Monday, June 5, 2017

Trade unions and poverty eradication

Part 2
Even in times of recession, when investors are trying to maintain profit levels by cutting labour costs, part of the onus is on trade unions to ensure that their members are not haunted by poverty. How can this be done? 
In more advanced jurisdictions unions have an unemployment fund to assist their members who are temporarily unemployed to meet immediate cost of living expenses and in the meantime assist with retraining and redeploying those on the breadline. If there is no legislation to protect workers against business collapse unions should agitate for the authorities to do the needful. All these targets must be achieved within a certain time-frame.
If unions are to be the guardian angels of workers they must be vigilant about the prosperity of businesses. Firms going into receivership should not come like thieves in the night. The union as watchdog should monitor the firm’s updating of workers’ taxes, National Insurance and other deductions to guard against employers defaulting. They could also encourage workers to undertake an affordable investment portfolio geared towards retirement. The failure of a business should not mean poverty of union members nor should it cause a decrease in union membership.
The union as godfather can authorise its members to strike with minimum loss of earnings if there is a strike fund. Paid officials of unions do not suffer a loss of income when there is a strike, but union members do. If the strike weapon is to be effective and used for a prolonged period the upholders of the strike must not be visited by mounting debts that will eventually lead to poverty.
In the quest to raise the status of labour unions should clamour for workers to have shares in businesses where they work, especially in State-owned enterprises.
When that happens the place of employment is treated as home and workers will strive to ensure that it is prosperous, productive and protected and at the same time will chastise anyone who is contributing to its downfall.
Twenty-five per cent worker ownership is reasonable. An innovative move like this in T&T will eliminate unions complaining that their efforts are not sufficiently rewarded, with workers deliberately lowering productivity and employers grumbling about unacceptable profit levels.
Sometimes the problems in the workplace are very subtle, with workers not looking forward to their daily routines; management implementing punitive measures and unions concluding that the solution lies in higher wages. Tensions mount as none of the parties is correct.
An option that is not used in T&T, or if used, happens on a very small scale, is the hiring of industrial psychologist consultants. These experts are able to gather and analyse data from the workplace and present amicable solutions. They are even able to make recommendations for performance appraisals. This is a different pathway, a drift from the archaic employee-employer-union conflict which may reach the Industrial Court for conciliation or arbitration because of the stubbornness of one or more parties involved.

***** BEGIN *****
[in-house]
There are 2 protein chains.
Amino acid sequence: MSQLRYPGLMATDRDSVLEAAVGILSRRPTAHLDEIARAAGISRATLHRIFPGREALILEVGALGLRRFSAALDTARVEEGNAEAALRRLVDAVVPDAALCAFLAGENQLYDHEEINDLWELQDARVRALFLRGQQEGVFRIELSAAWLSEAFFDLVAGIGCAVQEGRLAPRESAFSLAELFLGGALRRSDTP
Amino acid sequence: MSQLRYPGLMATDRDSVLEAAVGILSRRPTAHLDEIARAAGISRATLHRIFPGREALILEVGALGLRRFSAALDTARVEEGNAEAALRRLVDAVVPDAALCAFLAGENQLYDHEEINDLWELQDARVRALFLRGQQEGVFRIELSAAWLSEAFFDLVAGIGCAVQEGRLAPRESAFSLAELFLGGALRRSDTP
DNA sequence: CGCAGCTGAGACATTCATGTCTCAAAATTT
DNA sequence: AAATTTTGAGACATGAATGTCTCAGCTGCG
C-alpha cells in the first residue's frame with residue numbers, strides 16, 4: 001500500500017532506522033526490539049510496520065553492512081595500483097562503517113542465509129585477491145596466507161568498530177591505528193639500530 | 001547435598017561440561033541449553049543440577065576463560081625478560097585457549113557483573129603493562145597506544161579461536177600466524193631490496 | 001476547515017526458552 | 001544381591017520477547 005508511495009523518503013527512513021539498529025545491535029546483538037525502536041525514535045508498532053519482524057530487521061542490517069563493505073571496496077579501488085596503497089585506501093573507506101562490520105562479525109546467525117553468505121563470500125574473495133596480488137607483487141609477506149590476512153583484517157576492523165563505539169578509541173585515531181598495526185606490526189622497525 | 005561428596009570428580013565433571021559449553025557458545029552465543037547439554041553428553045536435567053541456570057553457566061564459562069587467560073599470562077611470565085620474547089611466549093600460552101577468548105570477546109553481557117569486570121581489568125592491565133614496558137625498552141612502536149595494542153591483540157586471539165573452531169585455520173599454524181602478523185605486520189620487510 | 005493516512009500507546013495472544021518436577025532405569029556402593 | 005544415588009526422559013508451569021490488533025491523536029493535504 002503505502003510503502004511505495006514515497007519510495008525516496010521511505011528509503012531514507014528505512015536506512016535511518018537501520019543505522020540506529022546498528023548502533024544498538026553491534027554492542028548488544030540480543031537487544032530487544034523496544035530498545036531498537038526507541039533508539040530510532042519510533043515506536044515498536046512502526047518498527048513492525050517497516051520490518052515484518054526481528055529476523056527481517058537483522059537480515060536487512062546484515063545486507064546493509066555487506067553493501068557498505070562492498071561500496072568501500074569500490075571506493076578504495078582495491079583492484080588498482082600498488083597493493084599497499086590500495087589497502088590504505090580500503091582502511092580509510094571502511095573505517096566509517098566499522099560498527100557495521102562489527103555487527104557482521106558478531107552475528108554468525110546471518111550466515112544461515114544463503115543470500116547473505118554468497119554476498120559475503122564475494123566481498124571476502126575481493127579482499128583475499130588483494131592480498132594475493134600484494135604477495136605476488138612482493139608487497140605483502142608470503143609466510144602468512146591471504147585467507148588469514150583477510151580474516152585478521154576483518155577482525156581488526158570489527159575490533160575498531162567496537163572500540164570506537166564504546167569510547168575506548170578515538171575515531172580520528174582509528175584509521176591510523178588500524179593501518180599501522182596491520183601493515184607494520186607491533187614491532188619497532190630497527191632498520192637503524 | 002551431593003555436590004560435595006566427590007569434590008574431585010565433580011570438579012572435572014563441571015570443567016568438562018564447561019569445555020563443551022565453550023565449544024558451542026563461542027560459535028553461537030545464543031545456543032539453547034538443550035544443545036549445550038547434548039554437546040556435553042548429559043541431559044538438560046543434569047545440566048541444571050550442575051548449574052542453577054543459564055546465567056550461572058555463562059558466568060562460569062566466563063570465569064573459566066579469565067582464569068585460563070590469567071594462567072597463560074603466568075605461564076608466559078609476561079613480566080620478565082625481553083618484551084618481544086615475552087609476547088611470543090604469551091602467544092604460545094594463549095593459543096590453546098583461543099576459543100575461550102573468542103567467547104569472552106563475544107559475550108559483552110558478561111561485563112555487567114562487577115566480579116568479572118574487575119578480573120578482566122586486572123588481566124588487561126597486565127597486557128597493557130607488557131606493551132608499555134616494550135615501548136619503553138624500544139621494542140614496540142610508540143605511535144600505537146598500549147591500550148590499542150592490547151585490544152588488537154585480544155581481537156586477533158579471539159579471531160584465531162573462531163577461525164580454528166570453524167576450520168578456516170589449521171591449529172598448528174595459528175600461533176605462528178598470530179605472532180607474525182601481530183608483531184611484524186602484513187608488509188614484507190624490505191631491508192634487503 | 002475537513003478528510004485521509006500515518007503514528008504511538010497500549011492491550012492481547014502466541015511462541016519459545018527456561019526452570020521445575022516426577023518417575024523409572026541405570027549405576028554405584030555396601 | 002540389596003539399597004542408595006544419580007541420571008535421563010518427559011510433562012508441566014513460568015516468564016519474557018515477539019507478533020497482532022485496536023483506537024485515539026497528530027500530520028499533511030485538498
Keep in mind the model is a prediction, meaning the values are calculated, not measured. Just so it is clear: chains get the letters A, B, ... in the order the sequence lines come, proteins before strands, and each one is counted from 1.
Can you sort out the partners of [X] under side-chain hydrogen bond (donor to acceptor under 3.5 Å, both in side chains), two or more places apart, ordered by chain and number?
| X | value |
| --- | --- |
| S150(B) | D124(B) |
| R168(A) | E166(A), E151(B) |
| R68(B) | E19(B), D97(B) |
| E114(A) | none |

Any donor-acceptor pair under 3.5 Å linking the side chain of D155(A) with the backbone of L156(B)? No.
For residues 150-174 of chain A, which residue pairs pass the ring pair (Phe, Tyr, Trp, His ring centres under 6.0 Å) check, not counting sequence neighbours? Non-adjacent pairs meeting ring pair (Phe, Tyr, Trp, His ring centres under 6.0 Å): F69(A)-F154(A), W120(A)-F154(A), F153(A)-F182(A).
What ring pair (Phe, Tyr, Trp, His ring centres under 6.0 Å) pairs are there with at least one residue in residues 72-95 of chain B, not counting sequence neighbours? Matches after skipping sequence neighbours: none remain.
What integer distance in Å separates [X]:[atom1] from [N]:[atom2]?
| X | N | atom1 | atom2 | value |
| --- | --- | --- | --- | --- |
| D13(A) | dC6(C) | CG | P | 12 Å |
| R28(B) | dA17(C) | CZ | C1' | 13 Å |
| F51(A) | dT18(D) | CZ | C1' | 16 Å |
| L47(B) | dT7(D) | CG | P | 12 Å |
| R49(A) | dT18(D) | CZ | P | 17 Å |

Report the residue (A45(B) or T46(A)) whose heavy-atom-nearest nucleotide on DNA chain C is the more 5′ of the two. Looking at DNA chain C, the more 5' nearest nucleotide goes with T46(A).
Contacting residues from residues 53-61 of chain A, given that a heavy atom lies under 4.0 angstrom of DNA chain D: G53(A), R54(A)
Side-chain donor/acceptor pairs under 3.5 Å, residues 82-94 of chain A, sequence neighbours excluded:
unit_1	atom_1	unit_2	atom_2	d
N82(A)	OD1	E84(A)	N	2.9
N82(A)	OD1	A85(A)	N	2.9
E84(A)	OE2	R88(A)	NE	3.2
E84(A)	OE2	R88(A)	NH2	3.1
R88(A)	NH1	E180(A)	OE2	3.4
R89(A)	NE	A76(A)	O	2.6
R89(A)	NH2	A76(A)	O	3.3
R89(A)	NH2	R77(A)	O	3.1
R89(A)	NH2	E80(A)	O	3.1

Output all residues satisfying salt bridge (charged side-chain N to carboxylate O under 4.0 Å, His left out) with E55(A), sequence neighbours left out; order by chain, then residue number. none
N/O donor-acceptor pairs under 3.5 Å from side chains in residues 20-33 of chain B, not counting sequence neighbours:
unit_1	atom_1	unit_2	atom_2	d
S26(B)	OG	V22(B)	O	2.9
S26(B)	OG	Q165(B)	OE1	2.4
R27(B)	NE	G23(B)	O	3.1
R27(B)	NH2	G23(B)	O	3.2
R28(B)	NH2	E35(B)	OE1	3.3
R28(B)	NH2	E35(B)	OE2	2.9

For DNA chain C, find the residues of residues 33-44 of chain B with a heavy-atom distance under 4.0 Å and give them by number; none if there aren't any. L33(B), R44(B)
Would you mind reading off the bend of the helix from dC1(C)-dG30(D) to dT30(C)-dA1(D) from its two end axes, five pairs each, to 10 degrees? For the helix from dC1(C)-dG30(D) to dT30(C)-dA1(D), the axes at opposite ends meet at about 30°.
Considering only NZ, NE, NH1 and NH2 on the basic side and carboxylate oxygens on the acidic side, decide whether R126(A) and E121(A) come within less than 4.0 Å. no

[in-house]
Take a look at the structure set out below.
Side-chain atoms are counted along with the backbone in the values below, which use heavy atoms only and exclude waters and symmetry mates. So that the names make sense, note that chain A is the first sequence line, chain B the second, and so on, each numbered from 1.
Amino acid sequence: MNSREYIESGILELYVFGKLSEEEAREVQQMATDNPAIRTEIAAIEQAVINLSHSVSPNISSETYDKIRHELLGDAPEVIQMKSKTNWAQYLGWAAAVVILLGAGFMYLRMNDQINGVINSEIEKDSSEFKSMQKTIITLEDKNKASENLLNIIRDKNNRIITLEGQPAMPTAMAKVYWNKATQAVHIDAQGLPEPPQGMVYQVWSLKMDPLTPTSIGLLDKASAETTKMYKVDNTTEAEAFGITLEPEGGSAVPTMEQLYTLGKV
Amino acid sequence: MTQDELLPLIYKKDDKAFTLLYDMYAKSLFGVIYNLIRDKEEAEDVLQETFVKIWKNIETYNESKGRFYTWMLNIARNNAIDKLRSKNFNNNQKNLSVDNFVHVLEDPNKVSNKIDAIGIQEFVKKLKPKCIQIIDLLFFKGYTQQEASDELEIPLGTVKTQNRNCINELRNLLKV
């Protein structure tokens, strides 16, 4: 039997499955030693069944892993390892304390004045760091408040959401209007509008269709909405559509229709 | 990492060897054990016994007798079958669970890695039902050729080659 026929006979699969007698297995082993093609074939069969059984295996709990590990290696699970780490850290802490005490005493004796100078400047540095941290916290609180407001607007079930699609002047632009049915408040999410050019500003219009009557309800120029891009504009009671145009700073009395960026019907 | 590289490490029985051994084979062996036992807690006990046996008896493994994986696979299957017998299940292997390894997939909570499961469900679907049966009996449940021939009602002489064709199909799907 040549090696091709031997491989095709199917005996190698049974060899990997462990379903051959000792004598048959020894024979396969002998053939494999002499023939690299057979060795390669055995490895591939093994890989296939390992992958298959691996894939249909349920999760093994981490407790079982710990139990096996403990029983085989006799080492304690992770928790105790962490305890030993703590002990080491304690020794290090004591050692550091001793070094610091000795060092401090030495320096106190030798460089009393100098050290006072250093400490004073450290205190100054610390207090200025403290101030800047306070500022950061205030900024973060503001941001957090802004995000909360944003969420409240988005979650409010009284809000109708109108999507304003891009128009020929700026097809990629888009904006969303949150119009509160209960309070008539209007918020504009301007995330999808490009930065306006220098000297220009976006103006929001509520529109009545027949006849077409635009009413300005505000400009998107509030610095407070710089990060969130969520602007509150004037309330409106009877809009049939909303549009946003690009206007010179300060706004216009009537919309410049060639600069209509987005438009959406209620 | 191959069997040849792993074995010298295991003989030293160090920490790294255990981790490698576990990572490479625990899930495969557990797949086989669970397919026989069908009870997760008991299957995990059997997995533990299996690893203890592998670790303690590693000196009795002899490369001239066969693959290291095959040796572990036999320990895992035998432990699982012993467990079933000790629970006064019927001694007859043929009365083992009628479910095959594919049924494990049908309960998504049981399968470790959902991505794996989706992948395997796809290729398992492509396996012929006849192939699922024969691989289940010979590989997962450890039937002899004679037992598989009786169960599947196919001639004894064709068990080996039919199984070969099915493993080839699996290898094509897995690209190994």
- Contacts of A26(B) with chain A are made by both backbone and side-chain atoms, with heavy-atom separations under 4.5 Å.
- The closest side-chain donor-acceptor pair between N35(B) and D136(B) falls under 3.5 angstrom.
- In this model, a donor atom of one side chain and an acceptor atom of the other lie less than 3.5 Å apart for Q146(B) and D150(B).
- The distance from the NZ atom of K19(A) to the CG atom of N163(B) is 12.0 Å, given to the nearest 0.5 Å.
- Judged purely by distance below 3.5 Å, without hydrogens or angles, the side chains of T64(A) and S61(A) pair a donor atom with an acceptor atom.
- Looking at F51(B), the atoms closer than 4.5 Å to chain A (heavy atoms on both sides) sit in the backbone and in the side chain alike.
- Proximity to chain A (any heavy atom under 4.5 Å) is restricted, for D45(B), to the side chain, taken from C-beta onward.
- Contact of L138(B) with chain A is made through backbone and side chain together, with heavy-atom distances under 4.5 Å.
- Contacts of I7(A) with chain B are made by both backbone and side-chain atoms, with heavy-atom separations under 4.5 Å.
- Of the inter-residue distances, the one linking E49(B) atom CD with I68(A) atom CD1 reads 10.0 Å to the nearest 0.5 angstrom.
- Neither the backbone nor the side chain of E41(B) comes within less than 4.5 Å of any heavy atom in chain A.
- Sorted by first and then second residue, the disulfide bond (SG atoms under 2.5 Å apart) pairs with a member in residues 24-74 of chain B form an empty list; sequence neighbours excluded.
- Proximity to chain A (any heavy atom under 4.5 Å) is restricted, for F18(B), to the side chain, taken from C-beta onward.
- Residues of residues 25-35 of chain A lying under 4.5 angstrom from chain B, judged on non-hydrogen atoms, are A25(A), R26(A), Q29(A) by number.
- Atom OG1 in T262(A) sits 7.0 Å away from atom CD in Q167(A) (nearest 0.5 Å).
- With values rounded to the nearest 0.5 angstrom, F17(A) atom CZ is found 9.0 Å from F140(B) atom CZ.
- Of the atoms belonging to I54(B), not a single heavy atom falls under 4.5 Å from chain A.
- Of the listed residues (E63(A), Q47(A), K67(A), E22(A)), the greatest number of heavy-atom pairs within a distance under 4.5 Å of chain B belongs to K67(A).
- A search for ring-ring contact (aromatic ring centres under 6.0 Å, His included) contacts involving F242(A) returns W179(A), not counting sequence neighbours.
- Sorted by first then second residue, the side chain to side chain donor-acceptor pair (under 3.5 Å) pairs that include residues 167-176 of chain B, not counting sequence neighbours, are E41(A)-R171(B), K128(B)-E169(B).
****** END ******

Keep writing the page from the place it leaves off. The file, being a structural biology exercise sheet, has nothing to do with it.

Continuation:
With proper worker counselling, guidance for the employer and education for union officials, conflict can be a thing of the past. The hiring of psychologists can result in root causes of conflict being dismantled leaving a positive environment for good employee-employer-union relationship to coexist.
The present industrial relations approach to solving wage issues is an activity in futility—so-called negotiators, well-educated academically, indulging in child’s play; one party hiding behind zero per cent with the other seeking 100 per cent. There is much time-wasting as tempers flare and productivity falls. Stress is the only thing that increases. Life is too short to indulge in such negativity. Money should never contaminate our genuine concern for humanity. The workplace squabbles for higher wages, promotion and titles are so fleeting that their pursuit is tantamount to chasing shadows.
Are unions prepared to change their skins so that labour can blend with the environment? Who is to give labour its new clothes? Is the union prepared to be the town crier to herald in the all-important labour factor? What is the long-term goal of trade unions as regards labour? Is it stagnation or elevation? Who is going to bell the cat?
If unions can claim that they have explored all these options then all workers ought to be unionised. If not, then it is time that trade unions be revolutionised, either through legislation or they use the vehicle of introspection and research.
Labour is what it is today because of the direction union leadership has taken. The traditional attributes were unskilled, lacking in initiative and impoverished. Today it is still hovering around that same level. This is the age of enlightenment, so leaders, step up to the plate and let education be the watchword for both leaders and followers. So unions, get cracking.

—Part 1 appeared in yesterday’s Express.